Tucker Carlson echoed Putin's talking points on Fox News, arguing the US should not care about Russia invading Ukraine

Tucker Carlson echoed Putin's talking points on Fox News, arguing the US should not care about Russia invading Ukraine
Tucker Carlson on his February 22, 2022, Fox News show.Fox News
  • Tucker Carlson addressed events in Ukraine, often using arguments made by Vladimir Putin.
  • The Fox News host repeated criticisms of Ukraine's democratic stability and claim to nationhood.

Tucker Carlson argued Russia's case in its dispute with Ukraine on his Tuesday show, echoing several points made during President Vladimir Putin's speech the day before.

In Monday's lengthy address, Putin defended his escalation of the conflict with Ukraine, rewriting its history to emphasize its cultural overlap with Russia and to argue that it has never really existed as a state.

He also aired his grievances with NATO's expansion eastwards, saying falsely that the alliance had broken a promise not to do so after the Cold War.

On Fox News, Carlson made strikingly similar points.

As part of a 15-minute segment devoted largely to attacking the Biden administration's response to events in Ukraine, he echoed three main of Putin's main arguments.


Both say this is about hating Russia, not defending Ukraine

"Democrats want you to hate Putin, anything less is treason," said Carlson Tuesday night.

It's "that hatred of Vladimir Putin" that could tip the situation into war, he said. He went on to suggest that it's China, not Russia, that deserves a robust response from the US.

Putin made a similar claim — that NATO doesn't want Russia to exist and so is seeking to punish him. Putin has long bemoaned NATO's policy that any country is eligible to seek membership.

That, he said, is because "their one and only goal is to hold back the development of Russia. And they will keep doing so, just as they did before, even without any formal pretext just because we exist."

"They just do not need a big and independent country like Russia around," he said.


"Ukraine is not a democracy"

Putin painted Ukraine in bleak terms, pointing to its political strife, high levels of corruption. He claimed that the 2014 revolution that ousted the pro-Russian President Viktor Yanukovych "did not bring Ukraine any closer to democracy and progress."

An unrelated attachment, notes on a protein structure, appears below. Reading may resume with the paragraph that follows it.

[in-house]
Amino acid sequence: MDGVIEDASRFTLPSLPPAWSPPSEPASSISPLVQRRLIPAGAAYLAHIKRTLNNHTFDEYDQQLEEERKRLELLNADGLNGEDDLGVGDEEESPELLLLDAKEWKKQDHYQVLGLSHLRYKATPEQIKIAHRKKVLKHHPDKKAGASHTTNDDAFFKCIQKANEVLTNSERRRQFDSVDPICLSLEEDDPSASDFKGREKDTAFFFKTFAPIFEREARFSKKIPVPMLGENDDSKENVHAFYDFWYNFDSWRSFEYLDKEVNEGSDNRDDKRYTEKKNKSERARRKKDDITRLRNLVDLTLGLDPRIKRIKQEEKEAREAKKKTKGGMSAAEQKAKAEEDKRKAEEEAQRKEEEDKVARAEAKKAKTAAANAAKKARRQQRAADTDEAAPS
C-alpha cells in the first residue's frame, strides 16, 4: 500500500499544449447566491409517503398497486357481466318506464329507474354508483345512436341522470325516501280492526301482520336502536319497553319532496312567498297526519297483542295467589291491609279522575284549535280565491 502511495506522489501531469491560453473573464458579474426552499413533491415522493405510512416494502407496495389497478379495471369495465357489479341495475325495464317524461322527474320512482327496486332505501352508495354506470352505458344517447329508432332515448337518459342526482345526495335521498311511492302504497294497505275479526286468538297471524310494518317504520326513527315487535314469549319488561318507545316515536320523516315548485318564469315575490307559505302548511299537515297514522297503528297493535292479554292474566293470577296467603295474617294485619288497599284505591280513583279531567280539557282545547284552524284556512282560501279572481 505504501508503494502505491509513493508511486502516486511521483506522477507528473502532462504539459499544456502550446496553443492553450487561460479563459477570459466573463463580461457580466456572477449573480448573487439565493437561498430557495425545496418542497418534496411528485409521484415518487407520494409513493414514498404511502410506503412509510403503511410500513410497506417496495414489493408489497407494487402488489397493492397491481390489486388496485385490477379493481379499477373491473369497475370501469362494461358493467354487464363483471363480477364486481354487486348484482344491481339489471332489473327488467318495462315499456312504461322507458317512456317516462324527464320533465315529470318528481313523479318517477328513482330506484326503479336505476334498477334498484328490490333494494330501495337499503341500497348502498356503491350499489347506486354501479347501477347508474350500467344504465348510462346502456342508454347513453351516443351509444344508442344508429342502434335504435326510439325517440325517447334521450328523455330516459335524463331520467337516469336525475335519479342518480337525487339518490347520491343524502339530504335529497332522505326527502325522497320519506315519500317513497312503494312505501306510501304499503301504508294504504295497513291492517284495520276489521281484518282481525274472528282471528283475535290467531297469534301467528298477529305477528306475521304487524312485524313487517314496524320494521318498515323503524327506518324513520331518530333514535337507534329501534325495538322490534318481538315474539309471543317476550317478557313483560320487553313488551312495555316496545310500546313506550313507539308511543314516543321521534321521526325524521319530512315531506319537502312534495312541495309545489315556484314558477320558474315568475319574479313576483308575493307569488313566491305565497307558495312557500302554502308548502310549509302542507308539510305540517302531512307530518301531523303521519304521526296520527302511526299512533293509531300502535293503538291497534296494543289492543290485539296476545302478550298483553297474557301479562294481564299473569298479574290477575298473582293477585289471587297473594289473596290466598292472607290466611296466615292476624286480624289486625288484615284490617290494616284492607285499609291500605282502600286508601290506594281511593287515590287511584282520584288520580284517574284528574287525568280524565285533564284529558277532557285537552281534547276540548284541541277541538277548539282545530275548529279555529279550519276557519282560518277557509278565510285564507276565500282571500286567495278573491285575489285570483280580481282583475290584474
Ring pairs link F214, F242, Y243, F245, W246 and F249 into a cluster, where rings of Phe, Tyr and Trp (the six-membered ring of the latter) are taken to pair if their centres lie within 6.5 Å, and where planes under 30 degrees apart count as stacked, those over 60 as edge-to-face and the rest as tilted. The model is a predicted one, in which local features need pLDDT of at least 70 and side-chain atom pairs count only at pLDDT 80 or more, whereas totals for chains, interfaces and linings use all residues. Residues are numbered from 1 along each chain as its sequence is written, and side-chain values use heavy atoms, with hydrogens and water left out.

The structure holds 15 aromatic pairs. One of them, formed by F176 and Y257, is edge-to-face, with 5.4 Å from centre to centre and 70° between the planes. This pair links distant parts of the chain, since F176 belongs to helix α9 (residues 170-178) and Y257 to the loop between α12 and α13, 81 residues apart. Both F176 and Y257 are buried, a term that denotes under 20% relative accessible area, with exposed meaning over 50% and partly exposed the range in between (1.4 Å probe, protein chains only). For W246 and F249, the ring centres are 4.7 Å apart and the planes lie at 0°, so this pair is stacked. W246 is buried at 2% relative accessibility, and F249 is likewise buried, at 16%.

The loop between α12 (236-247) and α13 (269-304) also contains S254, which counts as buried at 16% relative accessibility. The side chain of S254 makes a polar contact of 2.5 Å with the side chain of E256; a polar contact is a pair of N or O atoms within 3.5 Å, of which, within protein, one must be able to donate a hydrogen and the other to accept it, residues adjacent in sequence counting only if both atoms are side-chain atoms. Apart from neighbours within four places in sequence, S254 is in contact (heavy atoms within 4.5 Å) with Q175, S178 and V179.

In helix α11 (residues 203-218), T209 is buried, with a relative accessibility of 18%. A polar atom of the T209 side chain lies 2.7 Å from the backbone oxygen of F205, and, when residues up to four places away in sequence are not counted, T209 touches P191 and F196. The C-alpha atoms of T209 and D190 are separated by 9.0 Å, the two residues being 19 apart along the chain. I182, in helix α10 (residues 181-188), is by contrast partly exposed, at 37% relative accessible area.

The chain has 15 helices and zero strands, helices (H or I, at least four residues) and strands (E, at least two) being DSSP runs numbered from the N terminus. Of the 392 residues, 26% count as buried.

"A stable statehood has never developed in Ukraine," he said, saying that its democratic framework is just a cover for oligarchs. He also pointed to attacks on political opponents and media outlets.

On Tuesday Carlson said: "You can't say it enough, Ukraine is not a democracy," pointing to the same issues of political and journalistic freedoms.

"And by the way, if the Biden administration believes that is a model democracy, we ought to be very concerned," he added.

In 2021 the DC-based nonprofit Freedom House, which produces detailed analyses and rankings of democracies, categorized Ukraine as a "transitional or hybrid regime."


Western leaders have not called Ukraine a model state, but have spoken of its democracy as a still-developing one worthy of support.

Ukraine is a "puppet" of the West

In portraying Ukraine's instability, Putin pointed to the number of anti-corruption institutions that receive US backing there.

He also said the country's agreements with western governments and NGOs have rendered it "a colony with a puppet regime."

Carlson made the same point, arguing that Ukraine is "essentially managed by the State Department."

He later connected Biden's defense of the country to the theory that he is indebted to Ukrainian oligarchs — one of several references to Hunter Biden's former employment with the Ukrainian firm Burisma.


President Biden has long denied any business connection to Ukraine, according to the BBC, and insisted that Hunters activities in Ukraine were nothing to do with him.